The Taoiseach has announced more than €50 million in funding for a range of Shared Island partnership programmes.

Speaking in Dublin Castle at the second Shared Island forum, Micheál Martin outlined that over the last two years the Government has allocated over €140m from the Shared Island Fund for various projects.

This morning's announcement takes the total allocated from the fund during the past two years to over €190 million.

Mr Martin said: "We are ready to do far more with a new Northern Ireland Executive and with the UK government to invest collaboratively, in new ways, and at unprecedented scale. Our goal is to create a more connected, sustainable and prosperous island, for all communities".

In the new package and over the next three years, programmes to be funded include biodiversity actions on peatlands, tourism initiatives and an additional contribution to the North-South Research Programme.

It is part of the Government's Shared Island initiative to engage with all communities and political traditions on a shared future, underpinned by the Good Friday Agreement.

Today's announcement was Mr Martin's last engagement with the programme before he is replaced by Fine Gael leader Leo Varadkar on 17 December.

Mr Martin said €10m will be provided for a cross-border peatland restoration programme led by the National Parks and Wildlife Service, along with an investment of €1m for a new all-island invasive species and biosecurity partnership.

Over €7m will be provided to tourism agencies to progress a collaboration between the Wild Atlantic Way and the Causeway Coastal Route.

"We are committing €12m for development of a new innovation hub in the north west next year to take up the real untapped potential of deeper cross-border enterprise links," the Taoiseach said.

"Given the success and impact of the North South Research Programme, we've allocated a further €10m from the Shared Island Fund, for the second call to commence next year. Supporting more strategic institutional connections in higher education across the island".

He added that the Government has also committed up to €8m for a major Shared Island dimension to the Creative Ireland Programme and for other cultural interactions on the islands.

A new €3m call will commence shortly for cross-border projects, led by communities working with local authorities to help reach climate and energy targets, north and south.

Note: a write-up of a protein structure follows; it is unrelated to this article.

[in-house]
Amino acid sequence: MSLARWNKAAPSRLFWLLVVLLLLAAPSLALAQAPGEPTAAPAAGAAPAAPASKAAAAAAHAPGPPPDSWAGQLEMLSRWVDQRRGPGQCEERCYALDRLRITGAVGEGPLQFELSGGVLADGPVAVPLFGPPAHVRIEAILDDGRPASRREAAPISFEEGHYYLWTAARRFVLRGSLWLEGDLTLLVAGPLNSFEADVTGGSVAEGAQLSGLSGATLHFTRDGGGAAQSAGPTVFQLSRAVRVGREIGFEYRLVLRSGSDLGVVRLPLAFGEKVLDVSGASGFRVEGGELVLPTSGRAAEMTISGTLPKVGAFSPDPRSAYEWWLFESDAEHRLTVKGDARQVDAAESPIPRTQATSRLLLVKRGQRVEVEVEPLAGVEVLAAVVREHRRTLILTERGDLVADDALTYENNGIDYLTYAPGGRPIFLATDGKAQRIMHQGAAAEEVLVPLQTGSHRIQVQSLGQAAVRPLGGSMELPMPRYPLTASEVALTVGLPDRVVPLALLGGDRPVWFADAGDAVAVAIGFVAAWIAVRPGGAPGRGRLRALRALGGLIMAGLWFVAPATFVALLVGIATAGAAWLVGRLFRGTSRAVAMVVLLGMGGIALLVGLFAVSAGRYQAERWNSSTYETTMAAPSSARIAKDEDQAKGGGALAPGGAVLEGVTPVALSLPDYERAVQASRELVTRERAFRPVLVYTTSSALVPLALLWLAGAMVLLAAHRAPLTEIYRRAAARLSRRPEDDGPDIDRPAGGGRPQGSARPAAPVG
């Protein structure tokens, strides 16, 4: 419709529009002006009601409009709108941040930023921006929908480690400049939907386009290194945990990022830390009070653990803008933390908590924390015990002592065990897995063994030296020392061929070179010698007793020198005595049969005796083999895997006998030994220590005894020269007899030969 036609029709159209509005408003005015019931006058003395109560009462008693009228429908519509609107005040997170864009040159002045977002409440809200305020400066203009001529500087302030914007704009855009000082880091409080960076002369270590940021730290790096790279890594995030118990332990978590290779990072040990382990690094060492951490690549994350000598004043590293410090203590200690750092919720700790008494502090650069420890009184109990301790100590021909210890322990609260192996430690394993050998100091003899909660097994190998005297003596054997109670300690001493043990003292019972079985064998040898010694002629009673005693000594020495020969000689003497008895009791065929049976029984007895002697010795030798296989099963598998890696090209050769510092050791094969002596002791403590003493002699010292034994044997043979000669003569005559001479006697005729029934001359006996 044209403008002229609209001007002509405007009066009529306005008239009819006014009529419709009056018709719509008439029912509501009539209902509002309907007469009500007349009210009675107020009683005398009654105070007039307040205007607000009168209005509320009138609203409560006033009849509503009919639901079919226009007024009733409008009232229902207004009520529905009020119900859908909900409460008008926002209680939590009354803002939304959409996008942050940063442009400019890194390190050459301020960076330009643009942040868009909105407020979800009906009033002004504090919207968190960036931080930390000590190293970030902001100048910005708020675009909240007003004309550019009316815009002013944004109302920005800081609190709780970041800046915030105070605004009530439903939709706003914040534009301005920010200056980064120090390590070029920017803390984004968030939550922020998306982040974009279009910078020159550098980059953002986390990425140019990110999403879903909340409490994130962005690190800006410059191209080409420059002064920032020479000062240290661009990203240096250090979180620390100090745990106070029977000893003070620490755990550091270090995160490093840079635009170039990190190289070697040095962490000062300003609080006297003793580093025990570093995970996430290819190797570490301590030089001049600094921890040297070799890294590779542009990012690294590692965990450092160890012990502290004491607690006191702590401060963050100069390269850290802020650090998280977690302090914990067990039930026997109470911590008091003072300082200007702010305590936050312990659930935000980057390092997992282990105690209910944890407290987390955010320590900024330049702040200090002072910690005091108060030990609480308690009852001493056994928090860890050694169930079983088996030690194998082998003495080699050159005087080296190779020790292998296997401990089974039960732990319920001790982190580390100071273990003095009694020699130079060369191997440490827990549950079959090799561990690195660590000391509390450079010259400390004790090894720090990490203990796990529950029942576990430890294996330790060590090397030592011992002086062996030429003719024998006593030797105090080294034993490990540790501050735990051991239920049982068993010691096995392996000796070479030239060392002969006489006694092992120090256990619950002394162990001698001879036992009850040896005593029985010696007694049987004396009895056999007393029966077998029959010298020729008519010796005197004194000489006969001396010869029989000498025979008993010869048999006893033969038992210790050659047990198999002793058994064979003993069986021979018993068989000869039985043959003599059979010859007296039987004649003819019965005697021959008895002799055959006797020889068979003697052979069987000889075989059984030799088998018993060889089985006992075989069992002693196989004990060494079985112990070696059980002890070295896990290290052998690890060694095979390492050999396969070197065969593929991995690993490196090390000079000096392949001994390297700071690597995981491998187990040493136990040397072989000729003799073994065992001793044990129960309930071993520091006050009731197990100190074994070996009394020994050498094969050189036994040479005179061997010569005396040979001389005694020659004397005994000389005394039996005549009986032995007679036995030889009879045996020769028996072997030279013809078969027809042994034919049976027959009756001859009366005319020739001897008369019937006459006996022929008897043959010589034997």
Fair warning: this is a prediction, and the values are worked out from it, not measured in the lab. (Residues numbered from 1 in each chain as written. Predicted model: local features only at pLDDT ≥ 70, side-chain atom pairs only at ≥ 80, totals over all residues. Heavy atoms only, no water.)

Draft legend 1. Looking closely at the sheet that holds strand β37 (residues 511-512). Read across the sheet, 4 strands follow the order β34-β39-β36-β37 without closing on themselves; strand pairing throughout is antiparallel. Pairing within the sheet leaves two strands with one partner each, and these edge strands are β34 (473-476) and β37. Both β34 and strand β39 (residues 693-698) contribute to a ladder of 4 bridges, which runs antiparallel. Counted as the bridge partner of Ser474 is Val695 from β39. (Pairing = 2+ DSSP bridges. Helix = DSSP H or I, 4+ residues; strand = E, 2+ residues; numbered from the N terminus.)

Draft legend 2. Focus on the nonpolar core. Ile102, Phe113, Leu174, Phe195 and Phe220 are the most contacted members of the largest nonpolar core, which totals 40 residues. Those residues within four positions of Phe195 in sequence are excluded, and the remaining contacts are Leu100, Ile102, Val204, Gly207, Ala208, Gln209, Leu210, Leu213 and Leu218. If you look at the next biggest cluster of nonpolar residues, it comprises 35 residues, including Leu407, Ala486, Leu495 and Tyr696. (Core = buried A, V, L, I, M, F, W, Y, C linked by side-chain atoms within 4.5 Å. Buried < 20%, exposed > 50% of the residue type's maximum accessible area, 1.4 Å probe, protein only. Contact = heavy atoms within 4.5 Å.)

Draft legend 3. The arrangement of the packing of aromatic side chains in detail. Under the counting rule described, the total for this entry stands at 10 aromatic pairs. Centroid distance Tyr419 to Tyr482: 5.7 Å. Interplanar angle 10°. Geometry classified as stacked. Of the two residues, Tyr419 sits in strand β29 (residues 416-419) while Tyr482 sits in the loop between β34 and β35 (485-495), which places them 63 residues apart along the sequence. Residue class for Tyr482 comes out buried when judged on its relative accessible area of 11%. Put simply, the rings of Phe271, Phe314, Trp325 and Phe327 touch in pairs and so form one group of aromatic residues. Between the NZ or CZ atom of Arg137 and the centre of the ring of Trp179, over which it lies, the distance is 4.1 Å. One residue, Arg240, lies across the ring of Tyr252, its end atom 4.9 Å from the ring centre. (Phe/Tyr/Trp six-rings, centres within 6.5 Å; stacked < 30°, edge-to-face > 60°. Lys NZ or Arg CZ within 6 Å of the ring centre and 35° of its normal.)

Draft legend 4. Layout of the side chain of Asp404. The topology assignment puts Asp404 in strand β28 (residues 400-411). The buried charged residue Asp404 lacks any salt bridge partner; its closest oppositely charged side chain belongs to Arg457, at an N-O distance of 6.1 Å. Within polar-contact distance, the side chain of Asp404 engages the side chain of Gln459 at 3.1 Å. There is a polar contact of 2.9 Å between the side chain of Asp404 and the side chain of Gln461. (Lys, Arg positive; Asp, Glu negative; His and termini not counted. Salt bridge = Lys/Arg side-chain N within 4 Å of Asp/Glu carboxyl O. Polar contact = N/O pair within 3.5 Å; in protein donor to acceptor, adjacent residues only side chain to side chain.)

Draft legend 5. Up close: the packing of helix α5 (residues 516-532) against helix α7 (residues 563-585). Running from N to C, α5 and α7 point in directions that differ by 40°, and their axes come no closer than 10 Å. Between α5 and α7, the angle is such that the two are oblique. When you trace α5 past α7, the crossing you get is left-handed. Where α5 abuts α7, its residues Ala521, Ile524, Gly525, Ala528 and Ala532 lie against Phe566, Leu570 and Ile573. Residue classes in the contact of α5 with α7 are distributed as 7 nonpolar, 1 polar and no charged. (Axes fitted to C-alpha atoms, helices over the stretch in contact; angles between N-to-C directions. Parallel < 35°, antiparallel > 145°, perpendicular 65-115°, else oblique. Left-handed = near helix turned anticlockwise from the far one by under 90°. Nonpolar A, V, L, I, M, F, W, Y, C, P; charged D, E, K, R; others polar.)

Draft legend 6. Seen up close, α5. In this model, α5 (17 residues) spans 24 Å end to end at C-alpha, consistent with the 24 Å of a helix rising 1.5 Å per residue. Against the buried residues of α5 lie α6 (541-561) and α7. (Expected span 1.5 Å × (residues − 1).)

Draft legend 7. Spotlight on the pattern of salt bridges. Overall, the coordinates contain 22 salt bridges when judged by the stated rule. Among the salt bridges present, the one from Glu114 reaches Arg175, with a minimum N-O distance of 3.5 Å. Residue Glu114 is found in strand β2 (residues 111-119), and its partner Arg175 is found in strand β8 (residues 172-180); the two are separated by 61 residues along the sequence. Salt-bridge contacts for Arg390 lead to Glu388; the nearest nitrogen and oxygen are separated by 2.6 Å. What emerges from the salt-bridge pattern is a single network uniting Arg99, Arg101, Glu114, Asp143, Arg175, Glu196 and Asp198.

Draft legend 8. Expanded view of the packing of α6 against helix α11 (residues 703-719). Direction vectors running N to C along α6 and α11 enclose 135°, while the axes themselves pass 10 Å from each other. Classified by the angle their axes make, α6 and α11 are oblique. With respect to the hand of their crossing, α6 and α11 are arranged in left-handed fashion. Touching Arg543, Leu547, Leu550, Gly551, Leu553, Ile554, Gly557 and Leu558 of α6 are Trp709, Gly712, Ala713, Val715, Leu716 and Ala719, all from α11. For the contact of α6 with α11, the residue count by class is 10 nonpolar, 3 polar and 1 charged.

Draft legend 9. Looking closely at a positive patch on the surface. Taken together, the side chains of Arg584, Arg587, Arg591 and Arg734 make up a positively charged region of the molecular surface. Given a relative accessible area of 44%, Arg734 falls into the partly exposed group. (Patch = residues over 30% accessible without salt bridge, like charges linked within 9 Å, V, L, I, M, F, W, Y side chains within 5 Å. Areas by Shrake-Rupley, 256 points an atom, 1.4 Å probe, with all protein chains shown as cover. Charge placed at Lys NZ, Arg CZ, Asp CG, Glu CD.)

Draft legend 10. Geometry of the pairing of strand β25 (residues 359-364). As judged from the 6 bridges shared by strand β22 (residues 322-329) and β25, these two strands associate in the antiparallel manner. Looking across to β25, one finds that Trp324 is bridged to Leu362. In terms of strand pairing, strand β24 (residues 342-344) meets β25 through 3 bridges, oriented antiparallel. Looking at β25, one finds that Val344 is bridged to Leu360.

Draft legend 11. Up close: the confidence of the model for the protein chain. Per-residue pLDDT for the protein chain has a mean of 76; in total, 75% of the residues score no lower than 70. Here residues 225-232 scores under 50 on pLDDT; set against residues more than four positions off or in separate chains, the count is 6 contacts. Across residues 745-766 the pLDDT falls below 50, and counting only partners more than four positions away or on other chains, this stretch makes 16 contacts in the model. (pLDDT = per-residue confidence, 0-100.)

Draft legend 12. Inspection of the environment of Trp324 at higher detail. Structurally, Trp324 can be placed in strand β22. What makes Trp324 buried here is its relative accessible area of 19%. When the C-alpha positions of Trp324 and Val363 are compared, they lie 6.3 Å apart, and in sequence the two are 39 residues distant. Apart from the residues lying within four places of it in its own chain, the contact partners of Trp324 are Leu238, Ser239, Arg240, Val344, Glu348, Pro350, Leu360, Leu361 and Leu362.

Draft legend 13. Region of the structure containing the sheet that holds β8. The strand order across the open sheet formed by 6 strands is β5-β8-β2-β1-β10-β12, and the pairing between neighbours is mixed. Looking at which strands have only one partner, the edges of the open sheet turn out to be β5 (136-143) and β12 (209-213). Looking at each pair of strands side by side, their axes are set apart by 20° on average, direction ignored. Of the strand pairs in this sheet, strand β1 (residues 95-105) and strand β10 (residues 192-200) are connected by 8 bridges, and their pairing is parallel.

While a new €15m Shared Island electric vehicle (EV) infrastructure scheme is due to commence in January, to fund sports clubs across the island to install publicly-available EV charging point.

Priorities for 2023 were also set out by Mr Martin, looking at enterprise development, supporting education, rail connections as well as an island-wide greenway network to create greater links north and south.

"We will shortly be announcing a new Shared Island civic society fund under the auspices of the Department of Foreign Affairs, with a contribution of €2m from the Shared Island Fund over three years".

Mr Martin said the Shared Island initiative will continue once Leo Varadkar succeeds him as Taoiseach later this month.

He said it is a "core part of the programme for government" and his Cabinet colleagues are "very positive" about the initiative.

The initiative is very much associated with Mr Martin and he conceded today that in the beginning, some ministers "didn't quite realise what would transpire".

However, he said that at the last Cabinet meeting Tánaiste Leo Varadkar and Minister for Foreign Affairs Simon Coveney were reflecting on the "positive impact it has already had".

Asked if he would like to remain responsible for the Shared Island initiative by becoming Minister for Foreign Affairs in the upcoming reshuffle, Mr Martin said: "I'm not going to speculate about what might transpire."

In recent weeks there has been heightened speculation that the Taoiseach will move to Iveagh House when the reshuffle is announced on 17 December.

Mr Martin added that he is "not surprised" that twice as many people from Northern Ireland would vote to remain in the UK rather than for Irish unity.

He said there is a long way to go to achieve unity, after the new survey also showed that there is a majority of more than four to one in favour of a united Ireland in the Republic.

He said he is "more concerned" about the substance of learning to share the island with different communities, rather than poll findings themselves.

"To me, since the day we signed the Good Friday Agreement, it's been a journey of trying to build reconciliation, mutual understanding, and we have a long way to go," the Taoiseach said.

Additional reporting by Paul Cunningham, PA